The driver of the number 19 car, Martin Truex Jr., dominated much of the race at Phoenix with his great long-run speed.

NASCAR’s 5th race of the season started off with most drivers avoiding that traction compound early on and Brad Keselowski diving ridiculously low into the dogleg on the initial green flag start of the race. Denny Hamlin took the lead early on from Keselowski and led the race entirely leading up to the competition caution. It didn’t take long for drivers to make their way up to the traction compound with JGR teammates Kyle Busch and Martin Truex Jr. testing it out early because of the tightness of their cars. Once the competition caution completed, that compound came more into play once more heat got into it, and rubber laid down.

Penske and Joe Gibbs Racing were consistently running upfront much of stage 1, especially since 3 out of the 4 Hendrick Motorsports’ drivers started the race at the rear, and Kyle Larson being sent to the rear again after speeding on pit road during the competition caution. It did not take long for those three Hendricks’ cars to make their way through the field as Chase Elliott, Kyle Larson, and William Byron were already in the top ten with ten to go in the first stage.

Stage one ended with team Penske running first, second, and third consecutively with Ryan Blaney winning the stage, holding off Joey Logano and Brad Keselowski.

The green flag dropped on stage 2, but the race did not stay green long after Cody Ware gets into the back of Anthony Alfredo and sends the 38 car of Alfredo flying up into the wall, ending his race prematurely. About 40 laps into stage 2, drivers begun to start using the middle or lower lanes of the racetrack, pulling slide-jobs on the drivers who were still committing up high on that traction compound. This was likely due to some of that black, PJ1 traction compound starting to wear away as drivers were heavily relying on that for grip up high on the racetrack.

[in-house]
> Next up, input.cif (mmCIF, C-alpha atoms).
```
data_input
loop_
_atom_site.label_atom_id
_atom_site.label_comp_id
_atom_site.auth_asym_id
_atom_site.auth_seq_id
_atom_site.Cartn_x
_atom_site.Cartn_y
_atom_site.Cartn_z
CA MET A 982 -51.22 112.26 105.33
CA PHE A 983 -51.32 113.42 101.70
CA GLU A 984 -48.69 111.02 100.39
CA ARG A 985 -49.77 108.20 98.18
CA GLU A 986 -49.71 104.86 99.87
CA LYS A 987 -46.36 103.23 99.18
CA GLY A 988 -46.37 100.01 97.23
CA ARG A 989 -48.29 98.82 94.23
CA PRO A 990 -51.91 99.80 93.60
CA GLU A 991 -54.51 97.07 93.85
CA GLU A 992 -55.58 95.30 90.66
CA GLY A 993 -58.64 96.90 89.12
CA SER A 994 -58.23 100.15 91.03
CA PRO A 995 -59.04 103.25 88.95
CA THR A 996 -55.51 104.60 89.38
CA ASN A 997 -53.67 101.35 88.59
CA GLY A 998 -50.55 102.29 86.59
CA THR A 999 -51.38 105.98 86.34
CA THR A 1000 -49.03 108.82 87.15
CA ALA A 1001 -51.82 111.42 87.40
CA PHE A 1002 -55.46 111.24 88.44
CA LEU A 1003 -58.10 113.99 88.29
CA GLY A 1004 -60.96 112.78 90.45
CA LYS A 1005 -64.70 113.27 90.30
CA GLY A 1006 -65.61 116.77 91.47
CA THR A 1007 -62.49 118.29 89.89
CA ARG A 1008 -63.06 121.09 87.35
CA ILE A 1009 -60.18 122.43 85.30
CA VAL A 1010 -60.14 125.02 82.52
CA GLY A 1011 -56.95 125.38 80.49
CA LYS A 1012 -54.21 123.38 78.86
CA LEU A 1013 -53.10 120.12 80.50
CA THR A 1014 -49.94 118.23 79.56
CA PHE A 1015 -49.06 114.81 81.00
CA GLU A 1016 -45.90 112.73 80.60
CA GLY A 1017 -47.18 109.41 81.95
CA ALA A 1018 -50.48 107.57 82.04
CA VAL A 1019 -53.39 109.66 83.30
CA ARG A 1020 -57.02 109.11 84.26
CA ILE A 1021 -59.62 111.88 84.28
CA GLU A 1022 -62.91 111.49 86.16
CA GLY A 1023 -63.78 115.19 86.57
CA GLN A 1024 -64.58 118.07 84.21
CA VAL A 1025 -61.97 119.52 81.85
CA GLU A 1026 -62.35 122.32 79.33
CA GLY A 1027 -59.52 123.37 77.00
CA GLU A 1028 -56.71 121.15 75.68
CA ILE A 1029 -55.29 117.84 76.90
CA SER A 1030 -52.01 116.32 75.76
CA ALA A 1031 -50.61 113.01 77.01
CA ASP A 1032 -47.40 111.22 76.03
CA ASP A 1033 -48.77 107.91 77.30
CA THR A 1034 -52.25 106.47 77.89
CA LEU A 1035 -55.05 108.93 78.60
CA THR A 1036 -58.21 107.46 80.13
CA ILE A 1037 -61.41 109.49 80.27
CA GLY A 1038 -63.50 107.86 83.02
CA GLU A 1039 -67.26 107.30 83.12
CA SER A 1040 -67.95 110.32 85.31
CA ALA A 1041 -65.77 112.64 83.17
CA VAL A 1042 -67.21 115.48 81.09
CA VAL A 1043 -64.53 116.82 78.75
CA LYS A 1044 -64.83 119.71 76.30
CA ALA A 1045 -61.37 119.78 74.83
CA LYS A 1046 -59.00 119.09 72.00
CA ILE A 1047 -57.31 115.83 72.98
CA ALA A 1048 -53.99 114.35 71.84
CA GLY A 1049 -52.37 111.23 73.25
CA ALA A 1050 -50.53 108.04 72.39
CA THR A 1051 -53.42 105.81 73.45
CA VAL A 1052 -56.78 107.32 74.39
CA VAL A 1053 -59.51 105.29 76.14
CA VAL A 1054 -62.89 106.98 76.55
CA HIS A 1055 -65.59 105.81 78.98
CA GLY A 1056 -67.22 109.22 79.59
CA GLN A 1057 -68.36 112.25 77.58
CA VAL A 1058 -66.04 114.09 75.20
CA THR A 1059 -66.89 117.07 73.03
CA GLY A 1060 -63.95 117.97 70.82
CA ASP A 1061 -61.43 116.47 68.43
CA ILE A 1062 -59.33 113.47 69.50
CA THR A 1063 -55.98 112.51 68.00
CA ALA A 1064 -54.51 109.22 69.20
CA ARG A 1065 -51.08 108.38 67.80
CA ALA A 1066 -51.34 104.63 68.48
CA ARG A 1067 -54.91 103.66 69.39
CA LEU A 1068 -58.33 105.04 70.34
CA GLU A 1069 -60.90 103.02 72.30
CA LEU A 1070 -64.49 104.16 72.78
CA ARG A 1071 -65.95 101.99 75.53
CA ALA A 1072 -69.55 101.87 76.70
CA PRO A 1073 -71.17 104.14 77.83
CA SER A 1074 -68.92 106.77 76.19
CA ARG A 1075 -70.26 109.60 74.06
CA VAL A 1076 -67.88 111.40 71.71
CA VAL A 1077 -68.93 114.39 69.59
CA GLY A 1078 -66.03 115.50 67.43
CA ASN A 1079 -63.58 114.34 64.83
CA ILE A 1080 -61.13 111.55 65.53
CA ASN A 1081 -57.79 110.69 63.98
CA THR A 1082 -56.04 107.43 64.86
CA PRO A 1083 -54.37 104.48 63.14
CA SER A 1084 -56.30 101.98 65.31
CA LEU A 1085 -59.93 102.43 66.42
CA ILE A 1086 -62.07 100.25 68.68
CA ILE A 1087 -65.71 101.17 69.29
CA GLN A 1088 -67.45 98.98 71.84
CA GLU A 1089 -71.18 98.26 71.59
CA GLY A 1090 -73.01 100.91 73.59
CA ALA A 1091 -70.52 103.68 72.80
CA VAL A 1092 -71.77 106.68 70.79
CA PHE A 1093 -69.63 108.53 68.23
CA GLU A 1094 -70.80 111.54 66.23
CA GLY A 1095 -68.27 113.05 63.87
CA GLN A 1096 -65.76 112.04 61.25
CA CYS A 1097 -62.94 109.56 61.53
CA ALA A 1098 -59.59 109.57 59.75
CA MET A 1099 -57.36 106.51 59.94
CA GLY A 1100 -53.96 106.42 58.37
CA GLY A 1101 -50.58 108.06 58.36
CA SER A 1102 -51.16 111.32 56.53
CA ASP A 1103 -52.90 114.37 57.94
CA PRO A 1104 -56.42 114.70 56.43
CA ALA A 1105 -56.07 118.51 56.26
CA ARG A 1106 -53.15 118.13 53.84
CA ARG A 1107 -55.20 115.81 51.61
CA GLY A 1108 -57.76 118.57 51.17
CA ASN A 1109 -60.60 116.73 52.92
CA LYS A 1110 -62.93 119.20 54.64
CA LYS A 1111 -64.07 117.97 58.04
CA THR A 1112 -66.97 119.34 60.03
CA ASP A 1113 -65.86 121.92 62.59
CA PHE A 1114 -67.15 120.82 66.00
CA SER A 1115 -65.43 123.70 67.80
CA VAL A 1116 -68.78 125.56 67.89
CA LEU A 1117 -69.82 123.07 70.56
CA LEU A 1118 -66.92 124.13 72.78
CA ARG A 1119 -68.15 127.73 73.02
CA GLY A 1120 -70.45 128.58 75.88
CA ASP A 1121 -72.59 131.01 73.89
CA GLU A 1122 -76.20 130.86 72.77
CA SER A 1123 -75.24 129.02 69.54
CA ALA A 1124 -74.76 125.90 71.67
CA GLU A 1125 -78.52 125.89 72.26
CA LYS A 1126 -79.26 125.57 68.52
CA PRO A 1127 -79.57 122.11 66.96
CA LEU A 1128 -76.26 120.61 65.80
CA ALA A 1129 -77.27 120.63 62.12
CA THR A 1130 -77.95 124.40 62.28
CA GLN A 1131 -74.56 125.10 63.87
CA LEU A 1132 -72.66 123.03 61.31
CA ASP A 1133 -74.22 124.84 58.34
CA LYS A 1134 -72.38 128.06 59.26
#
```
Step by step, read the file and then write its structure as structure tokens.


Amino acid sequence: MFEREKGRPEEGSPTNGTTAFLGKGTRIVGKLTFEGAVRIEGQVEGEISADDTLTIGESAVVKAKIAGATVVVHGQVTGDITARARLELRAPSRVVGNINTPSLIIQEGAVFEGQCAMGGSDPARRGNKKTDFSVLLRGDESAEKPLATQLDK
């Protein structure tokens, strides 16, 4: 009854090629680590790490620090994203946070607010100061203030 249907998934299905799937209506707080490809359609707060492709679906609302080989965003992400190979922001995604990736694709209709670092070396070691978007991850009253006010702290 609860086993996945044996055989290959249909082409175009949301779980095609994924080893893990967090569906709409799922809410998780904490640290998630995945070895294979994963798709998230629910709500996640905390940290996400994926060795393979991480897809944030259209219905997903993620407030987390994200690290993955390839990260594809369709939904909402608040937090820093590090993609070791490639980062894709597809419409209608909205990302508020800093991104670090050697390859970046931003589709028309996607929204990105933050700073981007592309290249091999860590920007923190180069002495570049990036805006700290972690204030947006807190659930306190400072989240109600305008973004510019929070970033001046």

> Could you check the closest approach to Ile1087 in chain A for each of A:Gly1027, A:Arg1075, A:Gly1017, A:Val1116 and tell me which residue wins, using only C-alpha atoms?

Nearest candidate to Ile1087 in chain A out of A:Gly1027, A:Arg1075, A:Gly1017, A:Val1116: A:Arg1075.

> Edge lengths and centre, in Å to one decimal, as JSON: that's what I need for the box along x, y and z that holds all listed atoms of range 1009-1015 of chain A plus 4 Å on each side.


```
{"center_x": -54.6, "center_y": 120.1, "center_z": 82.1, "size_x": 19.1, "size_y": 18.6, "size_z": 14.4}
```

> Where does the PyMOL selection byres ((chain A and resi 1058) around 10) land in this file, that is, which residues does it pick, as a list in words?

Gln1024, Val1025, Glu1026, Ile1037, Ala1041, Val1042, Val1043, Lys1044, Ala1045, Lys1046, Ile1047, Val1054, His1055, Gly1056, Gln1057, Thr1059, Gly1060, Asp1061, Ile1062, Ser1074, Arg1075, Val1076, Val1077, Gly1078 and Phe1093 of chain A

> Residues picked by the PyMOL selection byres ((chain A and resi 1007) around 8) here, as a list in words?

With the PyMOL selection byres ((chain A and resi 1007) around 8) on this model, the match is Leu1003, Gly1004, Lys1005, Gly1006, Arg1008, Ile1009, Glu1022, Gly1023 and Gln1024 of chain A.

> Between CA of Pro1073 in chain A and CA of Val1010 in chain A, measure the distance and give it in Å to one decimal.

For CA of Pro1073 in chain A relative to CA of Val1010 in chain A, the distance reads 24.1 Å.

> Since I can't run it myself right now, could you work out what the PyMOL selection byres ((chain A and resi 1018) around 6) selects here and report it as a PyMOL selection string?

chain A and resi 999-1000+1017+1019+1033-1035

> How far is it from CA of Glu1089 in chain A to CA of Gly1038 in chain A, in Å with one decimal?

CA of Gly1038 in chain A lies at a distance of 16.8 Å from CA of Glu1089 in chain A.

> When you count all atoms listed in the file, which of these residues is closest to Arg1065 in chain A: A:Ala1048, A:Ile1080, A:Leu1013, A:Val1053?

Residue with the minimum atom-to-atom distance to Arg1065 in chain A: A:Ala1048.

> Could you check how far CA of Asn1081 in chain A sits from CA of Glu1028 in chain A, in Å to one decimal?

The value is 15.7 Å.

Green flag pit stops started happening on lap 143, with Kyle Larson penalized again for driving too fast on pit road and Kyle Busch also penalized for an uncontrolled tire violation. Both drivers were running inside the top ten prior to pitting and both ended outside the top 20 after having to serve the penalties under green. Corey LaJoie was the only car to stay out for track position but slowly started falling back as drivers with fresher tires carried more speed and were able to make the easy pass. Stage 2 ended with Martin Truex jr. closing ground on race leader Joey Logano, as Logano hit lap traffic and was raced hard by Ross Chastain who wanted to stay on the lead lap to end the stage.

Ultimately, Logano’s lead was too large for Truex to overcome and he won stage 2 ahead of Truex.

The final stage was led off by Logano on the restart and was almost spun-out after Martin Truex jr. bumps him from behind, but saves it as the number 22 car got loose and went sideways. With about 90 laps left to go, Truex was able to make the pass on Logano for the lead as they got caught up in lap traffic. Truex had great long-run speed for much of the race and was oftentimes posting the quickest lap times in the last two stages. Tyler Reddick hits the wall and cuts a tire to bring out the 6th caution of the race.

The final stage resumed with 44 laps to go led by Bubba Wallace who instantly fell back to third after he spun his tires on the restart, giving Brad Keselowski the lead. With 30 laps to go, Kyle Busch got loose heading into the dogleg and had to check-up which forced Ross Chastain in the 42 to get into the back of Busch’s 18, which ultimately spun him out to bring out another caution. Logano and Truex were on the front row for the restart and Truex quickly jumped out in front of Logano for the lead. With 10 laps to go Martin Truex jr. had a decent 3-4 car lead over Joey Logano in the number 22 car. Ultimately his long-run speed was too much for Logano as Truex wins easily in a somewhat dominating fashion.

Founder and CEO of ASN Motorsports. From Balcarce, Argentina - I love motorsports, especially Formula 1, and through ASN I share my passion with the world.

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